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UCL Energy Institute supports leading international banks to promote greener global shipping through new principles

Jun 17 2019

11 major shipping banks, representing a bank loan portfolio to global shipping of approximately $100 billion will for the first time integrate climate considerations into lending decisions to incentivize maritime shipping’s decarbonization. 

The Poseidon Principles are a global framework for assessing and disclosing the climate alignment of financial institutions’ shipping portfolios consistent with the policies and ambitions of the Initial GHG Strategy adopted in April 2018 by member states of the International Maritime Organization (IMO), a specialized agency of the United Nations responsible for regulating shipping. 

The Principles were developed in an effort spearheaded by global shipping banks – Citi, Societe Generale, and DNB – and leading industry players – A.P.Møller Mærsk, Cargill, Euronav, Lloyd’s Register and Watson Farley & Williams – with expert support provided by the Global Maritime Forum, Rocky Mountain Institute and University College London Energy Institute.

The Poseidon Principles establish a common baseline to quantitatively assess and disclose whether financial institutions’ lending portfolios are in line with adopted climate goals. In this way, they also serve as an important tool to manage critical investment risks.

The Principles are intended to evolve over time as the IMO adjusts its policies and regulations and when further adverse environmental and social impacts are identified for inclusion. They also aim to support other initiatives developed to address climate, environment, and social risks, such as the Principles for Responsible Banking, Energy Transitions Commission, and the Task Force of Climate-Related Financial Disclosures.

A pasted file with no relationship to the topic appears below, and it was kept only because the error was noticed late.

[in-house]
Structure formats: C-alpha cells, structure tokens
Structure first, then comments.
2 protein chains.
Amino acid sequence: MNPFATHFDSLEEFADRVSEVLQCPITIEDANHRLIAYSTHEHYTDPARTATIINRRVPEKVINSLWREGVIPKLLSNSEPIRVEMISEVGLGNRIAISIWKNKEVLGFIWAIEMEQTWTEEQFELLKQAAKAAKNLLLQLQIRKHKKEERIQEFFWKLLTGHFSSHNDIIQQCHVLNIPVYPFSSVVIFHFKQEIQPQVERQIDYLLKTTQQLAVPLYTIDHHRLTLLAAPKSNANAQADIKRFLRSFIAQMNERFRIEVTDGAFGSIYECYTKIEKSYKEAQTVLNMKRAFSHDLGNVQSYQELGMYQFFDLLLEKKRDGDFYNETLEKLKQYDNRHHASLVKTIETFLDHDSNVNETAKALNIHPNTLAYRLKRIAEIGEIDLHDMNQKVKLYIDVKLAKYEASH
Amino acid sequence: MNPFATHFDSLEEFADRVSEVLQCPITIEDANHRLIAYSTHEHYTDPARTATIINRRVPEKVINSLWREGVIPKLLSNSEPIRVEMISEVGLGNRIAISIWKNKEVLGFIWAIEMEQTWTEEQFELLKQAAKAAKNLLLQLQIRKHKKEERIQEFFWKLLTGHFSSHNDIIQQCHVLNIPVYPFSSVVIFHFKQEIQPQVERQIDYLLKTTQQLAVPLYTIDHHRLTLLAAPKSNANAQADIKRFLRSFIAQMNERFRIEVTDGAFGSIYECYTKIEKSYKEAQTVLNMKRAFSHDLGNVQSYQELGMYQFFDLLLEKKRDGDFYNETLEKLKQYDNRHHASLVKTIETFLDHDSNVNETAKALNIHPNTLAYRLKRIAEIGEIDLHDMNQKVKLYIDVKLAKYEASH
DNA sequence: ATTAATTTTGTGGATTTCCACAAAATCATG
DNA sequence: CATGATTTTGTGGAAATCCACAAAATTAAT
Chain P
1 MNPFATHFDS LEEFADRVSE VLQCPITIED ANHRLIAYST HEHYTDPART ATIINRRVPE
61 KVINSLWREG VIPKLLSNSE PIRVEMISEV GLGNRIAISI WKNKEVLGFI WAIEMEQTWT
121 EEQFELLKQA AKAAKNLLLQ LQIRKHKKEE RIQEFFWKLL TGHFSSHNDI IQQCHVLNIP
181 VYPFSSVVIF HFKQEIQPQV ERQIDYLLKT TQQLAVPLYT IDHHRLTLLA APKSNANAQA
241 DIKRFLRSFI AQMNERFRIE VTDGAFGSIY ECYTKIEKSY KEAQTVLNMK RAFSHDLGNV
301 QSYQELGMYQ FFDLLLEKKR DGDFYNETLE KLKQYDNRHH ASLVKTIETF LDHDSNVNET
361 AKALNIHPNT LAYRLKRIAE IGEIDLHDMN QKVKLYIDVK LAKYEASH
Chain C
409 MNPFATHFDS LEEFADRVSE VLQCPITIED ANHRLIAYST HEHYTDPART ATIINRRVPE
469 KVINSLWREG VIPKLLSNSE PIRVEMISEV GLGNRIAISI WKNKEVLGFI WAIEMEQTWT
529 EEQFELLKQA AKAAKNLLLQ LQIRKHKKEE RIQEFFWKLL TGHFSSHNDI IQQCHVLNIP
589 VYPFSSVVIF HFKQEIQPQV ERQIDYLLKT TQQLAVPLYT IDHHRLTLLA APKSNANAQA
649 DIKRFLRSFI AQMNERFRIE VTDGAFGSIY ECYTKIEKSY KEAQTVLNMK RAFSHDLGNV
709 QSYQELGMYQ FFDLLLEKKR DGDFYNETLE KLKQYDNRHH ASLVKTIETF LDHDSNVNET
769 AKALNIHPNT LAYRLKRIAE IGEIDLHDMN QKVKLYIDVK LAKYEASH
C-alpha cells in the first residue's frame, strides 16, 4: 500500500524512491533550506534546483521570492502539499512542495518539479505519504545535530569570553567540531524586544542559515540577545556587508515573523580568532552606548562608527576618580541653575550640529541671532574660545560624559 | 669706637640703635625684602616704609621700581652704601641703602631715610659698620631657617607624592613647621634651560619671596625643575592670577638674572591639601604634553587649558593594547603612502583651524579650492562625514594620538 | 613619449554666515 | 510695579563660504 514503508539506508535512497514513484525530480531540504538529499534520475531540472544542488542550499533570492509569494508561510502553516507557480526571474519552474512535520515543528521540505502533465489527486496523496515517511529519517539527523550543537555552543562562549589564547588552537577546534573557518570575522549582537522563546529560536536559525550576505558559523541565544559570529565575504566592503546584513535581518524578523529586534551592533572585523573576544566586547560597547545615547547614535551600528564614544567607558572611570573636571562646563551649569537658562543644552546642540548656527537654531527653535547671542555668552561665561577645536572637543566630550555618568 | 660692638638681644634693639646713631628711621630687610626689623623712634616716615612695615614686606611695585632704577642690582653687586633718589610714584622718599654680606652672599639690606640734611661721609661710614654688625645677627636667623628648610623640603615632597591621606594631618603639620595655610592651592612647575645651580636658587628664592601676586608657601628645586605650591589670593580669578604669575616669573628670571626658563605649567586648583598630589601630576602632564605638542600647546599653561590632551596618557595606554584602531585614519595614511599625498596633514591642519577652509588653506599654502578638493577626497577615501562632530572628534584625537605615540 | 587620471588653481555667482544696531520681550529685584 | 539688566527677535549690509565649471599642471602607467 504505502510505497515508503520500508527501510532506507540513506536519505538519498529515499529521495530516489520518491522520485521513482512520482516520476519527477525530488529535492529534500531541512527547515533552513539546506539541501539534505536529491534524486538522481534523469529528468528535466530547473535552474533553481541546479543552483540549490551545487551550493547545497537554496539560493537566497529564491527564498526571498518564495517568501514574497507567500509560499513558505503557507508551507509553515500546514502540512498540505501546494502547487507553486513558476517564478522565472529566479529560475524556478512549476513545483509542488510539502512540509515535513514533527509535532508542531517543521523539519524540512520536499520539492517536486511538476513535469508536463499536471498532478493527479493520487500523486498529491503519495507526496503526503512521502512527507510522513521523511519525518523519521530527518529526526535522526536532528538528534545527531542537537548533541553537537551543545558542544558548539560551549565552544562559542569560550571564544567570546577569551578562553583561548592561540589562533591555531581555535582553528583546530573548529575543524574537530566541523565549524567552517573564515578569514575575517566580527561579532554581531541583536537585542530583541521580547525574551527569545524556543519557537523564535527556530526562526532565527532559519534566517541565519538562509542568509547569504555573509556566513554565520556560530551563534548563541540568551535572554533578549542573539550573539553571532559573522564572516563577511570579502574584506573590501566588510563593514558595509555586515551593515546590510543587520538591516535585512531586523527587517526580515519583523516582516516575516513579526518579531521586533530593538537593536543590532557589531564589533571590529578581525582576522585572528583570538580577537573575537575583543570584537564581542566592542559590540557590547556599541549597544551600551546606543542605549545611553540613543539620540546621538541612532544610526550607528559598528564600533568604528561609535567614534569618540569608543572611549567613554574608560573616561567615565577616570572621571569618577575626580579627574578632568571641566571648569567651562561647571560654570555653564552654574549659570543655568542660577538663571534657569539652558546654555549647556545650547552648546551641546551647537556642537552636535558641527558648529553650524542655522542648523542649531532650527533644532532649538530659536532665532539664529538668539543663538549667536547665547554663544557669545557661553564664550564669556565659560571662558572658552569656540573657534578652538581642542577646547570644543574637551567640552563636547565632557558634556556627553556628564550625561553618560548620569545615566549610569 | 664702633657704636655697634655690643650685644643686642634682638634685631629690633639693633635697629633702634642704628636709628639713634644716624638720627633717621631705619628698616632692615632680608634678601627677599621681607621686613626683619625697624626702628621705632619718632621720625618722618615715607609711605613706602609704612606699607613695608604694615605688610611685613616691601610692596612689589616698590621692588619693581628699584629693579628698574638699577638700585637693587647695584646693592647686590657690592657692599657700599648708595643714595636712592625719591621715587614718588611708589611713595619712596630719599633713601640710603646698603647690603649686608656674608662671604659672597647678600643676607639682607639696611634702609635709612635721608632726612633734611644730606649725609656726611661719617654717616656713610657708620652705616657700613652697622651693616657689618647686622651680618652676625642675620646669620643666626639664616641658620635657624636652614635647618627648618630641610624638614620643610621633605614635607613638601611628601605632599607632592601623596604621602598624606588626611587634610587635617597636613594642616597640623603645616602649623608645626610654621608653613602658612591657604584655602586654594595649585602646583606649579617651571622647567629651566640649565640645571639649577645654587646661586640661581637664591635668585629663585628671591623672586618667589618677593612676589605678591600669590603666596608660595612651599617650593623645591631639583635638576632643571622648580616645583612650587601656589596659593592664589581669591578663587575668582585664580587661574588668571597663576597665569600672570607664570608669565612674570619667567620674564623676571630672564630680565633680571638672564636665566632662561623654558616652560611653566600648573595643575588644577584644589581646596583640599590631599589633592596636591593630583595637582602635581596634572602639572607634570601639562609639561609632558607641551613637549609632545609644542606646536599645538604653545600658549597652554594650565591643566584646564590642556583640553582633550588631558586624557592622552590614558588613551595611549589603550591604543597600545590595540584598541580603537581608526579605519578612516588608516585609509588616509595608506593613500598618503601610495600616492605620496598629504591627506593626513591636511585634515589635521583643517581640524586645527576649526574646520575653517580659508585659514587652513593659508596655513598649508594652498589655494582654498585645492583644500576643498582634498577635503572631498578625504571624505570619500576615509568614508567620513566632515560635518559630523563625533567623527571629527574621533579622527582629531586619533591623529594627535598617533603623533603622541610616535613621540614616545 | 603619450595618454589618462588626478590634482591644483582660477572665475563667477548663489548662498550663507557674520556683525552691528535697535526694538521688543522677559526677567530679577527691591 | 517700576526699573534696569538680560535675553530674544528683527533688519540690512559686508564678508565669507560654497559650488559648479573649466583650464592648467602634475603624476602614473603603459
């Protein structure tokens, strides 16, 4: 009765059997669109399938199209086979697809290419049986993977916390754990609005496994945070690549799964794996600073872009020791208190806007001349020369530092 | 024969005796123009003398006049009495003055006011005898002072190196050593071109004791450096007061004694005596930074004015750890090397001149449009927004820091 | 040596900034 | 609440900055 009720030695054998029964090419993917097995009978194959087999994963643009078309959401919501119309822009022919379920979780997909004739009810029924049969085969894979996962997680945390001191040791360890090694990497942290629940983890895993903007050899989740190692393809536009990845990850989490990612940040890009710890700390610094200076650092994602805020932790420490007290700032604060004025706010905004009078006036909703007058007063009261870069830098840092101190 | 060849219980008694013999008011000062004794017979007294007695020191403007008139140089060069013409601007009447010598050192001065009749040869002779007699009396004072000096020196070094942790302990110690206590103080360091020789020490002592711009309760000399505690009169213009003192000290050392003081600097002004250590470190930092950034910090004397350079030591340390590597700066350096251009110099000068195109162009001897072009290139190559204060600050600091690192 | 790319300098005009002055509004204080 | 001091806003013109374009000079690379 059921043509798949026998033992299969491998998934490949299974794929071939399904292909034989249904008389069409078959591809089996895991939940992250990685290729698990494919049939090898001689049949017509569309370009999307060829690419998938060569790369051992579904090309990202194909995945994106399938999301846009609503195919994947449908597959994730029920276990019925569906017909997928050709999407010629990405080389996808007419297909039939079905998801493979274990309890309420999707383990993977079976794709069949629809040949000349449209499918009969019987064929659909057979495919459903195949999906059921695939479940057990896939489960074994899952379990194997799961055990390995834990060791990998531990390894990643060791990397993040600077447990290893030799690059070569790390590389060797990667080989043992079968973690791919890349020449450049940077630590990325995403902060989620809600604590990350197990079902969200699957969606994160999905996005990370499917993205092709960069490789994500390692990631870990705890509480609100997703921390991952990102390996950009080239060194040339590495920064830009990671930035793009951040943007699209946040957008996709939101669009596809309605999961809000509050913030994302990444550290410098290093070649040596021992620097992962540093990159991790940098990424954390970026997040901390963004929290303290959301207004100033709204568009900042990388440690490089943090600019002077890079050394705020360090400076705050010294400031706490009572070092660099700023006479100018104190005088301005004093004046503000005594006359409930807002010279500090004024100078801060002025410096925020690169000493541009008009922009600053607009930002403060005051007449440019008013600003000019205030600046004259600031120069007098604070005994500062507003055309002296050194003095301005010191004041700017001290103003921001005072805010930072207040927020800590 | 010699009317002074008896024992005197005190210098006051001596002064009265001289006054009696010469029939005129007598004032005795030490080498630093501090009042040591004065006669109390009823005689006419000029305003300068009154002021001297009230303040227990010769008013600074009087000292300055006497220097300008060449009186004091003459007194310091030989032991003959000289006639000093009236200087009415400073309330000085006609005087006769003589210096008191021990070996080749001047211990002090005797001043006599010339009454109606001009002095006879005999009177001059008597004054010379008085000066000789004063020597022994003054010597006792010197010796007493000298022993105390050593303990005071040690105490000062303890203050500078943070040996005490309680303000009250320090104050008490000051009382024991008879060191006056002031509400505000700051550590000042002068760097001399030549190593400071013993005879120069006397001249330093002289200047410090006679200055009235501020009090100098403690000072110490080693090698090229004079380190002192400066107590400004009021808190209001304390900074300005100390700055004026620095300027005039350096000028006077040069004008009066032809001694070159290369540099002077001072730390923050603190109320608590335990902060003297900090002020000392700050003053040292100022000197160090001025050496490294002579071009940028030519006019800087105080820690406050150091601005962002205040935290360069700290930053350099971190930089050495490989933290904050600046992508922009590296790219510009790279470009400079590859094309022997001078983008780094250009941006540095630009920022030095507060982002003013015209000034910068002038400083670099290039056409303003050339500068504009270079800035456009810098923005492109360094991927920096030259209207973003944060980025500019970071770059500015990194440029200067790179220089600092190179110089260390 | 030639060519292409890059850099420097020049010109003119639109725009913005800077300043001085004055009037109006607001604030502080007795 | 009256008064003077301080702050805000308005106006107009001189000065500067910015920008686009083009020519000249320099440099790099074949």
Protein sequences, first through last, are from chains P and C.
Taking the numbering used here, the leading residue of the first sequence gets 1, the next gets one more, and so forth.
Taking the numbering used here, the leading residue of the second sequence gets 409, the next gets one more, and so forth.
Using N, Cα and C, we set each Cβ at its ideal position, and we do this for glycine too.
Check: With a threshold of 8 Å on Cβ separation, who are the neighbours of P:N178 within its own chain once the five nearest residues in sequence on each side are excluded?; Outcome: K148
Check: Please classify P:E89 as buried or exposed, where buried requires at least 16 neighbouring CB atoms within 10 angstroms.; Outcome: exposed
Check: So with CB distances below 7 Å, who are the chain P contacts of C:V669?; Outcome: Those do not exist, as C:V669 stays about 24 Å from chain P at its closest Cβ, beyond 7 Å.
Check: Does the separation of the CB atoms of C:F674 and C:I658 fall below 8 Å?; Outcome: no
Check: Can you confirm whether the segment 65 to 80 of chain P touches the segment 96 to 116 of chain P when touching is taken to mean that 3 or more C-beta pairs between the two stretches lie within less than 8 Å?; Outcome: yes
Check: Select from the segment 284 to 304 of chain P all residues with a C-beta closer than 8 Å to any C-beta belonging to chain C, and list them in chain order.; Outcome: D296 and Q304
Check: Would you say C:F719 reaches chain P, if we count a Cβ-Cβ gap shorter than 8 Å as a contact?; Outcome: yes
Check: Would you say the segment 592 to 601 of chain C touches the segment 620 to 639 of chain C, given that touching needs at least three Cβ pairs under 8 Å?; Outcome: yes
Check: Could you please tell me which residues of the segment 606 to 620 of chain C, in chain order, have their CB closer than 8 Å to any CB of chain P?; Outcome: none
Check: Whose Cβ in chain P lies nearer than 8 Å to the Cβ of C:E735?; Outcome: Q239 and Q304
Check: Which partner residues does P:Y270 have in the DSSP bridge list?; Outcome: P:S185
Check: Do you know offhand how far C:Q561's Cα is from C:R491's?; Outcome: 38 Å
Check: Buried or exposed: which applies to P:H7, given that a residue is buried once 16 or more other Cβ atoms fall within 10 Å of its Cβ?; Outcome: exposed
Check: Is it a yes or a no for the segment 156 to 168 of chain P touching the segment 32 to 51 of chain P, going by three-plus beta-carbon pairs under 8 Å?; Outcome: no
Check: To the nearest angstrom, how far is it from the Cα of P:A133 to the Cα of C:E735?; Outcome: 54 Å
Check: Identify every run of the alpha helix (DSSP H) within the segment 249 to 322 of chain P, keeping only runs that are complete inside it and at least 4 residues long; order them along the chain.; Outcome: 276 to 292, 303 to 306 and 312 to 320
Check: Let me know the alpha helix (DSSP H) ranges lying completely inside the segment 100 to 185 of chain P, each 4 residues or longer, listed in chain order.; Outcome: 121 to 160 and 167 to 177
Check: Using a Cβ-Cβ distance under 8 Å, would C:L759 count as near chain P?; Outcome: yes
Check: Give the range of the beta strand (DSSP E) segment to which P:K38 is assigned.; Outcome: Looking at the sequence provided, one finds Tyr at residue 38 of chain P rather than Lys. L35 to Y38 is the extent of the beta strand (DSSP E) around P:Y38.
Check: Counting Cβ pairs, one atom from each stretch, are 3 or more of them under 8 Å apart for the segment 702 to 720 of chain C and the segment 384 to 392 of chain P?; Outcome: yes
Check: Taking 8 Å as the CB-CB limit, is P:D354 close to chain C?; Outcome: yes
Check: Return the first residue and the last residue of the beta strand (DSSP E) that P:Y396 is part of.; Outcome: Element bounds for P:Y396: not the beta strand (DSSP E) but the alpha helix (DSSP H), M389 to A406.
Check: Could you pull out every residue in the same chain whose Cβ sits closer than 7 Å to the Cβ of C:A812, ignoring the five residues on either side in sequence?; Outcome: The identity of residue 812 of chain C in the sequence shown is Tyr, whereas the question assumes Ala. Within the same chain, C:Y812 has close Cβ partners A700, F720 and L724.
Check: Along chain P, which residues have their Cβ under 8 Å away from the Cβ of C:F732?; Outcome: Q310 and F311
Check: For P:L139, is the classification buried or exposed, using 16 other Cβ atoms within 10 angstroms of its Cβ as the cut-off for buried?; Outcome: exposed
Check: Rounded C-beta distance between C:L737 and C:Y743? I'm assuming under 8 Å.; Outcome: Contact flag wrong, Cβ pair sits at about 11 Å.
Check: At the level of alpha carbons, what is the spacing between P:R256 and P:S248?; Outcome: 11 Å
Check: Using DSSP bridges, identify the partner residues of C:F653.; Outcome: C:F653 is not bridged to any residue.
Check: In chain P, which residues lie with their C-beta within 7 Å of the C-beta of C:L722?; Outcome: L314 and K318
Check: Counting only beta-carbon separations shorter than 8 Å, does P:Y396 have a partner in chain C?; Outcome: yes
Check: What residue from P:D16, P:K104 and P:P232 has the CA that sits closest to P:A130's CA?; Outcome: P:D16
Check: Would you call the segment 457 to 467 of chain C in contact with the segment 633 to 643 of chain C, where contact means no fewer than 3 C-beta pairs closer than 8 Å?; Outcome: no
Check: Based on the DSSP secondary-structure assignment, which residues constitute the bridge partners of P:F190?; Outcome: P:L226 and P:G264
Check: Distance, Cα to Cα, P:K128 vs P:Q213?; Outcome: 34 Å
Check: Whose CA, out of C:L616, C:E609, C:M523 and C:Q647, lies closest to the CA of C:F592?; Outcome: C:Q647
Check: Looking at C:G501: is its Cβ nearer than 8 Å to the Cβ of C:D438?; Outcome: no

The Poseidon Principles are applicable to lenders, relevant lessors, and financial guarantors including export credit agencies. They are implemented in internal policies, procedures and standards and applied in all credit products secured by vessels that fall under the purview of the IMO.

Founding Signatories include Citi, Societe Generale, DNB, ABN Amro, Amsterdam Trade Bank, Credit Agricole CIB, Danish Ship Finance, Danske Bank, DVB, ING and Nordea, and represent around 20% of the global ship finance portfolio. Additional banks are expected to join in the near future, including Asian banks.

The Poseidon Principles are the starting point for pricing in the climate risk of financial institutions’ ship finance portfolios. The disclosure of a bank’s portfolio climate alignment score is the catalyst for banks to start thinking about why particular ships in their portfolio don’t perform as well as others compared to the climate target. It provides the impetus for determining what solutions can be applied to reduce their carbon footprint in the future and to consider the risk of devaluation if they remain exposed to fossil-fuel dependent assets. This will become increasingly important as the shipping industry moves away from fossil fuels to clean fuels.Dr Sophie Parker, Principal Consultant, UMAS

Shipping will shortly undertake a rapid technology and fleet change as it inevitably shifts away from fossil fuels in order to decarbonize. That change exposes many in the shipping industry, but particularly the banks, to risk. If banks discover too late, they have invested in ships that will become undesirable or even obsolete because of this change, they could see valuation write-downs or even defaults in their portfolio. The Poseidon Principles are a tool to demonstrate that these key stakeholders are acting responsibly and allow them to compare climate risk with each other, but also a tool that will allow them to manage critical investment risks, retaining their crucial role in providing the liquidity that enables international trade.” Dr Tristan Smith, Reader in Energy and Shipping, UCL Energy Institute